Nurse Betty (2000)

NURSE BETTY, the new film from long-flamed filmmaker Neil LaBute 
(YOUR FRIENDS AND NEIGHBORS), is a splendid, quirky, and utterly 
unpredictable black comedy that, somehow, some way, manages to be 
both sweetly adorable and gut-punching-ly violent.  (Calm down, 
there's *way* more of the former than the latter...)  Renee Zell-
weger gives one her best-ever (and all-time most facially animat-
ed!) performances as a small-town soap-opera junkie and diner-work-
ing wife-of-white-trash (Aaron Eckhart's perfectly boorish used car 
salesman) who becomes convinced that she's the ex-fiancee of the 
main character of her favorite, hospital-set show.  ("A Reason to 
Live."  Gasp!)  From rural Kansas to Metro L.A. she moves, to pro-
fess her love and hopefully reclaim her make-believe relationship 
with the ever-earnest Dr. David Ravell (Greg Kinnear).  The twist-- 
well, the first of *several* twists-- is that Ms. Rosy Cheeks is 
herself being sought, by a pair of serious-business (if oft-bicker-
ing) hit men and one of whom is becoming increasing fascinated by 
*her*.  (The pair consists of Chris Rock's shrill-swearing hothead 
and Morgan Freeman's sagely speaking old-timer with a cowboy hat.)  
What *they* want is something she doesn't know she has and it ain't 
that life-size cardboard cutout of Dr. Ravell, either!  

Greg Kinnear is the fourth pro presence and his second-hour partic-
ipation takes the already multi-leveled film right over the top, to 
TRUMAN SHOW-like heights.  (The actor's also a hoot in those super-
serious soap scenes.  And don't miss that side-shot shot of Kinnear 
kissing Zellweger!  You could teach geometry from those perfectly 
square jaws!)  The supporting characters are nearly as memorable.   
Not 'cause they're weird, wacky, or wild; rather, the smaller roles
-- such as Allison Janney's shrewdly smirking television producer--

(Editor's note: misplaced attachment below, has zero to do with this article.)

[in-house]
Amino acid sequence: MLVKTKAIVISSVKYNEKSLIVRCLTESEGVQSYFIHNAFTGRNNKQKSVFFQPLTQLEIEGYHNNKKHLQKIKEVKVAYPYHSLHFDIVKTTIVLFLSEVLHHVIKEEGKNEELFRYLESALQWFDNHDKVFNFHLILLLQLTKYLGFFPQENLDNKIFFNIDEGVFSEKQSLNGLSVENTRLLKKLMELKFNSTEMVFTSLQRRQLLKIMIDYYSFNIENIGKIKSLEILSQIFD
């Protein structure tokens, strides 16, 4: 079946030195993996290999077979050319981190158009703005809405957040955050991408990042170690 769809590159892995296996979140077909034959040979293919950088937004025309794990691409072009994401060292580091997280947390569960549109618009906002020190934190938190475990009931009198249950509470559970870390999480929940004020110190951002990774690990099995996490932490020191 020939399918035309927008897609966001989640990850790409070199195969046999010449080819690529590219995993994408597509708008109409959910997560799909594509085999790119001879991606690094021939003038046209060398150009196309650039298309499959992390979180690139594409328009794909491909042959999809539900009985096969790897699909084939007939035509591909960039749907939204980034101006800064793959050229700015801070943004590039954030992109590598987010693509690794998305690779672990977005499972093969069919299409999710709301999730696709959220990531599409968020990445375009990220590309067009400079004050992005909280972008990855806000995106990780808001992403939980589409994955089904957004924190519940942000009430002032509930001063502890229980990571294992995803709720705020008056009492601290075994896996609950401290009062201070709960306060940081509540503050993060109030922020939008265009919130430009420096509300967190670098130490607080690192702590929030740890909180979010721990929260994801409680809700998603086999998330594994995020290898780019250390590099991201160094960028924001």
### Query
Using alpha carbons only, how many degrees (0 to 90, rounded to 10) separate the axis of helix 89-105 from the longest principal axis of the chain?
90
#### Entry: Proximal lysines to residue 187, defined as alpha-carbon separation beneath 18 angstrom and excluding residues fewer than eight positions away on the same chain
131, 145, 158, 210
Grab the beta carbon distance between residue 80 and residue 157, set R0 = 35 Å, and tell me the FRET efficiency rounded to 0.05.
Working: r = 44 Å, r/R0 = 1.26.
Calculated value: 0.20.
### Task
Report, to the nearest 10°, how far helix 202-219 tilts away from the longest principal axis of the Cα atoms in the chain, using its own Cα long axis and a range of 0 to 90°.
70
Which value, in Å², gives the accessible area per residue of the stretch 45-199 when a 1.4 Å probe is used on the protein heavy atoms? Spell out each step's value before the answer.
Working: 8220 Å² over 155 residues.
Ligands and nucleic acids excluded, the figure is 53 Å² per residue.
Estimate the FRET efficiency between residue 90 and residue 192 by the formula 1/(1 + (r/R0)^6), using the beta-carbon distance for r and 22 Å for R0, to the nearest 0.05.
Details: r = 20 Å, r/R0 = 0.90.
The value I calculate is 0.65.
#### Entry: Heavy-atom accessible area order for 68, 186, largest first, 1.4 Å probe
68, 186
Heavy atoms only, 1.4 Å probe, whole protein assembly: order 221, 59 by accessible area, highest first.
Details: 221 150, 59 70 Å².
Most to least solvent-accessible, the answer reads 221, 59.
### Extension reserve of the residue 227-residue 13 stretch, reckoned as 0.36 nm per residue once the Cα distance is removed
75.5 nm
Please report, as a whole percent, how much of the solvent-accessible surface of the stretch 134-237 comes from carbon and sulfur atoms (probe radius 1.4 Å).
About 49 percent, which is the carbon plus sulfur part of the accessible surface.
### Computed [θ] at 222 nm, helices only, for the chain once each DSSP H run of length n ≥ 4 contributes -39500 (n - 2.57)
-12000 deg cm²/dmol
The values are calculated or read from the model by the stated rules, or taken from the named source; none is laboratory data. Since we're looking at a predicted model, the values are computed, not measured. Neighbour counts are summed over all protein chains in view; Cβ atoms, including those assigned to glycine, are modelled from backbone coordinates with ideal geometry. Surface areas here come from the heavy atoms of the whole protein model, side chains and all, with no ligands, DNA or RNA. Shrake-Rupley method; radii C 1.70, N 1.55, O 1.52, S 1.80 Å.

are remarkable because they're so... discretely realistic.  No 
bells or whistles; just... impressively unimpressive plain folk.  
In fact, attention to realism is arguably the film's strongest as-
set.  Well, next to star power.  Despite the odd left-turns of the 
plot, the story always feels palatably *real*.  Looks real, too, 
courtesy of Jean-Yves Escoffier's superbly colored cinematography.
Alas, the film's only notable failing is LaBute's attempt to add a 
sentimental layer atop everything else.  Doesn't work.  Zellweger's 
character is a FORREST GUMP-style creation.  She's likeable *and* 
loveable, but most certainly not moving.  With Tia Texada, Pruitt 
Taylor Vince, and ol' George McFly, Crispin Glover.  Hello?  Anybody 
home?  Screenplay by John Richards and James Flamberg, both of whom 
I'd like to thank for scripting one of the year's most absolute a-
musing lines, Morgan Freeman to Aaron Eckart:  "I'm asking for an 
example of these dumbf*cks being dumbf*cks."  Fabulous.  Go, get in 
touch with your blackness.  (Rated "R"/108 min.)

Grade: A-

Copyright 2000 by Michael J. Legeros
Movie Hell is a trademark of Michael J. Legeros

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Copyright 2001 by Michael J. Legeros -Movie Hell™ is a trademark of Michael J. Legeros